Update on NW 58th Street neighborhood greenway

A crossbike. Image via SDOT

A crossbike. Image via SDOT

Ballard’s first neighborhood greenway is coming together in pieces. Speed humps will be installed soon to keep car speeds low. The flashing beacons for 24th Ave NW, a key part of the project, will not be ready until July.

Here’s an update from SDOT:

Speed Humps

Weather permitting construction starts mid-week to install 18 speed humps along the corridor. This work will have significant short-term on-street parking impacts.  On-street parking must be restricted in the work zone during construction. Speed hump construction requires parking restrictions for a minimum of two days and may include additional time for prep. Construction notices will be delivered to impacted properties prior to work starting, as well as ‘no park’ signs placed.

We understand that on-street parking is in high demand and appreciate your patience while we make this safety improvement. Once complete, speed humps will not interfere with on-street parking, because it is okay to park over them.

Rectangular Rapid Flash Beacons

The flashing beacons are on order and scheduled for installation at 24th Avenue NW this July.

Signs and Pavement Markings

Within the next couple of weeks you’ll start to notice crosswalk and crossbike stripping at 20th and 32th Avenue NW; painting, reflectors and signs around the partial diverter at 15th Avenue NW; and new 20 mph signs. The final piece of the project is to install wayfinding signs, stop signs, greenway signs and bicycle pavement markings. This work is currently scheduled to for late July.

Hopefully you have noticed the new ADA curb ramps, wider sidewalk at Seaview Avenue NW and new partial diverter at 15th Avenue NW in front of St Alphonsus School. Precision Cutting is also been busy making temporary sidewalk repairs. Project details can be found at www.seattle.gov/transportation/ballardgreenway.htm.

Video of a similar “rectangular rapid flash beacon” crossing:

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8 Responses to Update on NW 58th Street neighborhood greenway

  1. Al Dimond says:

    The intersection around 0:50 in the video is luidcrous. 5 lanes plus bike lanes to cross and pedestrians get… a flashing yellow light? Maybe more appropriate at 24th (3 lanes plus bike lanes).

    Is 24th getting a median treatment also?

    • Gary says:

      No kidding! And it’s at the bottom of a hill! No way are cars coming down the hill going to stop for a pedestrian… slow down maybe.

    • josh says:

      Even in car-centric suburbs, compliance with RRFBs is amazingly good. The video does a poor job of showing just how conspicuous those flashing beacons are, they’re no ordinary blinking light.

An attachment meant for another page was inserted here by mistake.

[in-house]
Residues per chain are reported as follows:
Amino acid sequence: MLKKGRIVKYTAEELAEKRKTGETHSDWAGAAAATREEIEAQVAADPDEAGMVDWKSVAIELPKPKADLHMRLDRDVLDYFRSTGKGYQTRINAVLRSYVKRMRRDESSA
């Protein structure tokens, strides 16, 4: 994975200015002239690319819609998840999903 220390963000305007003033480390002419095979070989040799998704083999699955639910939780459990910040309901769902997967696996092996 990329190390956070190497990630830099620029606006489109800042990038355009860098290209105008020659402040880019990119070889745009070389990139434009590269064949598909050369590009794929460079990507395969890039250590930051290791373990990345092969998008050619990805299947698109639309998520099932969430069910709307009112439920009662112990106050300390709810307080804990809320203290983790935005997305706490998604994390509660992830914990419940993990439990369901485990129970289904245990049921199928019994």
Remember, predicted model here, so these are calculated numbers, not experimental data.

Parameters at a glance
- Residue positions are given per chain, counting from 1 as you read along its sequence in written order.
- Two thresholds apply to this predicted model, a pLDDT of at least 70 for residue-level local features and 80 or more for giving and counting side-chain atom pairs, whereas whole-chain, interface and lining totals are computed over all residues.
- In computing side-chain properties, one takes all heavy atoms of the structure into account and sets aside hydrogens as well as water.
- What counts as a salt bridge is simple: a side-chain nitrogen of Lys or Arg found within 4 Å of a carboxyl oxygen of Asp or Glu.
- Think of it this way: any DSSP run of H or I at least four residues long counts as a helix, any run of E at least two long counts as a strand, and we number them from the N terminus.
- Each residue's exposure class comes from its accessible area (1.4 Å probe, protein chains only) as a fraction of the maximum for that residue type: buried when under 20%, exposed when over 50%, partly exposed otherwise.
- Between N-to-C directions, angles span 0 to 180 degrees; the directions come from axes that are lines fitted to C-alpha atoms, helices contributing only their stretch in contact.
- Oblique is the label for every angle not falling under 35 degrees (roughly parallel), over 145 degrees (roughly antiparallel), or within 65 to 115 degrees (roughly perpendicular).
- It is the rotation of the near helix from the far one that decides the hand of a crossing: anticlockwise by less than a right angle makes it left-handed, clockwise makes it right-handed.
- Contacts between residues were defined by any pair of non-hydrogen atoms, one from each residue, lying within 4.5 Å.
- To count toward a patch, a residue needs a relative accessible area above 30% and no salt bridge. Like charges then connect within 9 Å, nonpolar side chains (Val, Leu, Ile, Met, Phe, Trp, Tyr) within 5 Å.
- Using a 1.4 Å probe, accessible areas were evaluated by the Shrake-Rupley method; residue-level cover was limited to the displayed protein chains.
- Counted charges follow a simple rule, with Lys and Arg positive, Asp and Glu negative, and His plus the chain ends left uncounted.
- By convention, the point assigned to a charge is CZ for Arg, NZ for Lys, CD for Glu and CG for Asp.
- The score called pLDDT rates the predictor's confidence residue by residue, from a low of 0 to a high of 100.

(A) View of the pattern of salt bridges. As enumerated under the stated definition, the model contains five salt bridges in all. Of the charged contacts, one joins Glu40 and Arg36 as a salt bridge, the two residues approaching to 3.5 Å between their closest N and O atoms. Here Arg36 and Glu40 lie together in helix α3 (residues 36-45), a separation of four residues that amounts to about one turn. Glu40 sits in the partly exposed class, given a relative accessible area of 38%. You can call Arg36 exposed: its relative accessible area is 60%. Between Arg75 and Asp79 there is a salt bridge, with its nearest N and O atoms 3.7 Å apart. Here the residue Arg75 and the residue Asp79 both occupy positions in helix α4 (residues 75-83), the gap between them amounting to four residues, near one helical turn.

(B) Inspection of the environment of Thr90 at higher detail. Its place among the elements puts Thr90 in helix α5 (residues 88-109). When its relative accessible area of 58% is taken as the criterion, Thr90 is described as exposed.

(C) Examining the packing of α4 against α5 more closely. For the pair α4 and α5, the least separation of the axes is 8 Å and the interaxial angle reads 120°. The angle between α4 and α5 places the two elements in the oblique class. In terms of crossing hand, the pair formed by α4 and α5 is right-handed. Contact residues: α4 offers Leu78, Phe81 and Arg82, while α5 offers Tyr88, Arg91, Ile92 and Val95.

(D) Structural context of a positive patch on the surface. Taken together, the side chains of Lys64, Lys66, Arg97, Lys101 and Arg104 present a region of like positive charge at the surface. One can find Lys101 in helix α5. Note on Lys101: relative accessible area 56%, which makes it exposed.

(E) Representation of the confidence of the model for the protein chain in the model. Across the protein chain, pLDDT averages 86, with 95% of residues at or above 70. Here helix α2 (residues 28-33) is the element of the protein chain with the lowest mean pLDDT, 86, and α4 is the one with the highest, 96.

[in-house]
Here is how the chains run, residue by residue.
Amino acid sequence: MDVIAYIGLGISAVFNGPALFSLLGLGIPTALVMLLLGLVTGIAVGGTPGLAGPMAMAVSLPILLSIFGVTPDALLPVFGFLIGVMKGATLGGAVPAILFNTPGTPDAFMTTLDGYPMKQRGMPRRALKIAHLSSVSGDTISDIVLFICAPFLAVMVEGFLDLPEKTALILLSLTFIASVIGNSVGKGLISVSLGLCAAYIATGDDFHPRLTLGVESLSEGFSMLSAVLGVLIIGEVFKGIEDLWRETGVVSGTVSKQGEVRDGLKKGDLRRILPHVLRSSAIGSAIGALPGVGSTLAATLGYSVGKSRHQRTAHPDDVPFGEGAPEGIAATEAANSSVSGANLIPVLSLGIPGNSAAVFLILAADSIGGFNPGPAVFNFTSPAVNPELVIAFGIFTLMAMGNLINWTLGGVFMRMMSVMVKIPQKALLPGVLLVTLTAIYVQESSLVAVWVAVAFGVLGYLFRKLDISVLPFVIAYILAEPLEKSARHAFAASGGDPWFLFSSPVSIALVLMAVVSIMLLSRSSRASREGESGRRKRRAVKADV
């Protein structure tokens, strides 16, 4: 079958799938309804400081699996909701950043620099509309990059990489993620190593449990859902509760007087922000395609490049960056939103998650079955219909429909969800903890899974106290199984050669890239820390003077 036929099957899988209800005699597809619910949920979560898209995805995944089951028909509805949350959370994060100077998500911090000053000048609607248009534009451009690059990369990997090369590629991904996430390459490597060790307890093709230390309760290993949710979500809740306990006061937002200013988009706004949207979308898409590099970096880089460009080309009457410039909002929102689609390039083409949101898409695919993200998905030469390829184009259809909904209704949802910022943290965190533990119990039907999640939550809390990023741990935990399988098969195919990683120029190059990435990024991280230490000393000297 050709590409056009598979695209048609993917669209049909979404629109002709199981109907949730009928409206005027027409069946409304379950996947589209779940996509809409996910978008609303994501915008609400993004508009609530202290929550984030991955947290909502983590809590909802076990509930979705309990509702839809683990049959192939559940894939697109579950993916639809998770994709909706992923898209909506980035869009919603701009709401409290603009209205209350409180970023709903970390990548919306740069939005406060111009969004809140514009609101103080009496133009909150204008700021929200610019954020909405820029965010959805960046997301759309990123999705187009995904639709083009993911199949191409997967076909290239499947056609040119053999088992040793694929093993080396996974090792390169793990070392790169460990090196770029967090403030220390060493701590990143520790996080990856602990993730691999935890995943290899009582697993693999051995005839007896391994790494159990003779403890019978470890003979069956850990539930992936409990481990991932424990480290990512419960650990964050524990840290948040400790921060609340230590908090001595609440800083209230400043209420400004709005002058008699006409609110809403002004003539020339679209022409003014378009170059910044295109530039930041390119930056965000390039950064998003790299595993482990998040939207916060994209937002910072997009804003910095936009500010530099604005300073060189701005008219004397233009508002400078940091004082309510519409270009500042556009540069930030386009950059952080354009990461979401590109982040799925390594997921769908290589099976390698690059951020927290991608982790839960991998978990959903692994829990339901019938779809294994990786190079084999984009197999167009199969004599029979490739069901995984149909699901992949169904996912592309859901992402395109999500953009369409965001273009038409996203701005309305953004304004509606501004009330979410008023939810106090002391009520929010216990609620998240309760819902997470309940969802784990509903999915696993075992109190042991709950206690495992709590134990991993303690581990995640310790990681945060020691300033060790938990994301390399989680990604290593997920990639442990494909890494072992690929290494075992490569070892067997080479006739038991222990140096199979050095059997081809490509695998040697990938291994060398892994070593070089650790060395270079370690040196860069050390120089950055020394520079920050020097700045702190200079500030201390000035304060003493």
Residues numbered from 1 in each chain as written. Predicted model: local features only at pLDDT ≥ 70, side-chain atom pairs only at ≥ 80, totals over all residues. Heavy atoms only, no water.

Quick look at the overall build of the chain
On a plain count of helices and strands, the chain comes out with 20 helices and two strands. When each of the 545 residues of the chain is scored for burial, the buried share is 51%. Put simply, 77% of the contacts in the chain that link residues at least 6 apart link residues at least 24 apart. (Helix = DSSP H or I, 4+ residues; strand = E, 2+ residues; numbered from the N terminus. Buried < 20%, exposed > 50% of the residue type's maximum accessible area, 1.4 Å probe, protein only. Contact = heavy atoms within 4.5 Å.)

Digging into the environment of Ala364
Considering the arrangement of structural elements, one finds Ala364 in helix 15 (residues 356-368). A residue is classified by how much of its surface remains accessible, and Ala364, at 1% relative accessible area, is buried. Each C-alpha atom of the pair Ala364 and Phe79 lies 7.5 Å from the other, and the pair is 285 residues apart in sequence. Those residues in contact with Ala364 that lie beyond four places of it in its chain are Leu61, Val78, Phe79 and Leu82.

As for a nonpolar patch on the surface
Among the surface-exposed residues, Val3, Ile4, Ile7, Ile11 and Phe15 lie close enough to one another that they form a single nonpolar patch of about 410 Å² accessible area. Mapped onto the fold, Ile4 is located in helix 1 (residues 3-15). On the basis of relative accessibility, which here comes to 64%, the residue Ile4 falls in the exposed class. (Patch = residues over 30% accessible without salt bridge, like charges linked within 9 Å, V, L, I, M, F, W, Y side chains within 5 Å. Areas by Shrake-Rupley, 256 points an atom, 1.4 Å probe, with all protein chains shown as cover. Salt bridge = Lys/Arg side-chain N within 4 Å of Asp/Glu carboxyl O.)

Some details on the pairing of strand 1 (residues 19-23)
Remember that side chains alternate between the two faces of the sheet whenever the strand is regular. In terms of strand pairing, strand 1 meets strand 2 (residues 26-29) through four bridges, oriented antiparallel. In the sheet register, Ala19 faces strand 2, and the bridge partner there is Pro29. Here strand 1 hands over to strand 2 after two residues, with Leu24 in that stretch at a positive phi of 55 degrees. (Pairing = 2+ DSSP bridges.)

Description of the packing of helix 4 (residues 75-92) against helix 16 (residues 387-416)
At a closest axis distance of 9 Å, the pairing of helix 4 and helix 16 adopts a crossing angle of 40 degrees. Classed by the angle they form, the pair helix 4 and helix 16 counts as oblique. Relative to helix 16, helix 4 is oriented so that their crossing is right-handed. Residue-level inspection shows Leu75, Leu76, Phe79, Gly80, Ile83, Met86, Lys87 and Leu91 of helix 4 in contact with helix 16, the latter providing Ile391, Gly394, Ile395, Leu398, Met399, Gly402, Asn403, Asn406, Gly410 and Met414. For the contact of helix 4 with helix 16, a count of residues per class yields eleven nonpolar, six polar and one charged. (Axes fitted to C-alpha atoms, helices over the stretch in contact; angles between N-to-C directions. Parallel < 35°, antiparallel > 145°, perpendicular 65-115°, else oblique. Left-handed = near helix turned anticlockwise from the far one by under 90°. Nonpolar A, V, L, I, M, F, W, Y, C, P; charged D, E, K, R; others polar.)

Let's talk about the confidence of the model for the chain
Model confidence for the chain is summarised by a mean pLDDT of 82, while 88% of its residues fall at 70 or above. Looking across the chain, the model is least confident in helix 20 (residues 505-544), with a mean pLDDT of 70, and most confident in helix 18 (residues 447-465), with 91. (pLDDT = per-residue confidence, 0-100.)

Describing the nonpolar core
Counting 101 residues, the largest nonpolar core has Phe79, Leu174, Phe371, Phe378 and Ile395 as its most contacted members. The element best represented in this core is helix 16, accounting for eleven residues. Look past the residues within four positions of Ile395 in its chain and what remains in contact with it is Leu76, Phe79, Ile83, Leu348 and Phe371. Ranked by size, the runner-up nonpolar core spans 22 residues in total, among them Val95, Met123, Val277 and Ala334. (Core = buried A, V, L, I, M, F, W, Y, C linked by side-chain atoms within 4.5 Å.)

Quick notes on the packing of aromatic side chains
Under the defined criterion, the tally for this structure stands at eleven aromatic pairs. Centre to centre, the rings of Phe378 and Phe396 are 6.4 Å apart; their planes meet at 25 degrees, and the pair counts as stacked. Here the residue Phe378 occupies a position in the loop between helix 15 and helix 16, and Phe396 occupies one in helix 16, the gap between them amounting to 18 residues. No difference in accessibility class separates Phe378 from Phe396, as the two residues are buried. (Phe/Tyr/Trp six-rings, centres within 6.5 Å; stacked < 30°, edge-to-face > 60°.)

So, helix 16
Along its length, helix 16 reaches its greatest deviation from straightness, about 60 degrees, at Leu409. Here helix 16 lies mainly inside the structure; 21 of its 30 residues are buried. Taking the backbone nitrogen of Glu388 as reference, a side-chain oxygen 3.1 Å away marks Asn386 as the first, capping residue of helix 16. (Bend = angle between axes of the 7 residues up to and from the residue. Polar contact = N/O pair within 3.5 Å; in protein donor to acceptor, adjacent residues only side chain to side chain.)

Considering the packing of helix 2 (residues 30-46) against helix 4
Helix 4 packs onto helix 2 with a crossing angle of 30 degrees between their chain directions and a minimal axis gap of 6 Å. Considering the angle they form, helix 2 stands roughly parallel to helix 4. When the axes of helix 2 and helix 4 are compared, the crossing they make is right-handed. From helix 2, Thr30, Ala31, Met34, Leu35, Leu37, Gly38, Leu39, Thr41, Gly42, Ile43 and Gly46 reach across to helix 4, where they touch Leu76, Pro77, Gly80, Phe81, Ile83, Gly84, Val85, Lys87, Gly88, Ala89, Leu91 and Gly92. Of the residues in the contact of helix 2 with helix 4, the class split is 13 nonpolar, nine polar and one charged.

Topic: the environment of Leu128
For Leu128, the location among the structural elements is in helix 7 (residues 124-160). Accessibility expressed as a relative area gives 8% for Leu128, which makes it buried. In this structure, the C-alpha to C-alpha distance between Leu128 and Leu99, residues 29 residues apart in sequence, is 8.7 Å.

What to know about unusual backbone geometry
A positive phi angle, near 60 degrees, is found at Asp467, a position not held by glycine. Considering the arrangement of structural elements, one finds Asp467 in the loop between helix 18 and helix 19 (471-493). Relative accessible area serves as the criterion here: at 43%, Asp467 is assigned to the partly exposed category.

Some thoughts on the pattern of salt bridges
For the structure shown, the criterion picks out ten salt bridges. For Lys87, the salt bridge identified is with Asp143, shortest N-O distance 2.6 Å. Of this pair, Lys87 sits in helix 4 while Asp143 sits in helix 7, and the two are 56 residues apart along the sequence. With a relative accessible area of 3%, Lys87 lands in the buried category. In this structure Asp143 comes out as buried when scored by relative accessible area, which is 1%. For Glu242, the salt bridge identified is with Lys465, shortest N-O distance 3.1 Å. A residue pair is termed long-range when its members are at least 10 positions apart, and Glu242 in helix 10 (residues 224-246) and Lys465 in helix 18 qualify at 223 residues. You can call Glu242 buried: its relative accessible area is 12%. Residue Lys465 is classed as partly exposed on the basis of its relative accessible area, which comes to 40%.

The Interurban Trail has a relatively new RRFB at 15th SW in Auburn, just south of the Supermall — 4 lanes plus bike lanes, lousy visibility because of nearby intersections and a slightly-elevated railroad crossing, typical traffic speeds of 45+ mph, but motorist compliance with the signal is surprisingly good for a car-dominated South King County suburban mall environment.

      • Al Dimond says:

        At least at the one in Auburn there’s a median.

        Maybe this is because I grew up in a place where drivers would never yield to pedestrians in a mid-block crosswalk, but I would never put myself in a position to trust drivers to obey the signal on a road of that size. With the median at least there’s a safe (-ish) spot in the middle of the road. The one in the video seems absurd. Crossing a road like that there should be a proper traffic signal. Drivers stop at those at higher rates than the 80% cited in the video!

    • Matthew says:

      I’m a little confused about what’s happening at 24th. Originally there was supposed to be a median island with a bike-sneak that would prevent (automobile) left turns at that intersection. But that plan was scrapped because of ridiculous objections from the Ballard Chamber of Commerce and the owners of the apartment/condo building on that corner. Basically they decided to scrap a well-considered intersection treatment because literally a handful of cars every day might have to drive one block out of their way to get to the entrance to their private parking garage. Presumably this flashing beacon thing was called a “compromise” and everyone wins!

      But the other day I was biking past that intersection and I noticed spray-painted outlines for what looks like a median island in the center turning lane on 24th Ave at 58th St. I don’t know why these would be spray painted unless they were actually marking the site for a contractor. So maybe there was another reversal? I know that a number of cyclists, including myself, wrote strongly worded objections to the Ballard Chamber of Commerce. I never got a response, but perhaps they decided to drop their objections.

      To be clear, this is all speculation based on some spray paint marks on the asphalt. Could be a false alarm.

      But I have little doubt that if this flashing beacon is in fact the solution that gets installed, it will be replaced within a year with a proper intersection treatment after the first unfortunate “accident.”

      • AndrewN says:

        I haven’t been able to figure out what’s going on at 24th either. It looks like SDOT may be installing some concrete (based on the paint), similar to the Wallingford Greenway at Stone Way*. I’m curious to see what happens.


  2. Mike says:

    What about the crossing at 8th ave NW? Is there going to be an easy way for a cyclist to trigger the light?

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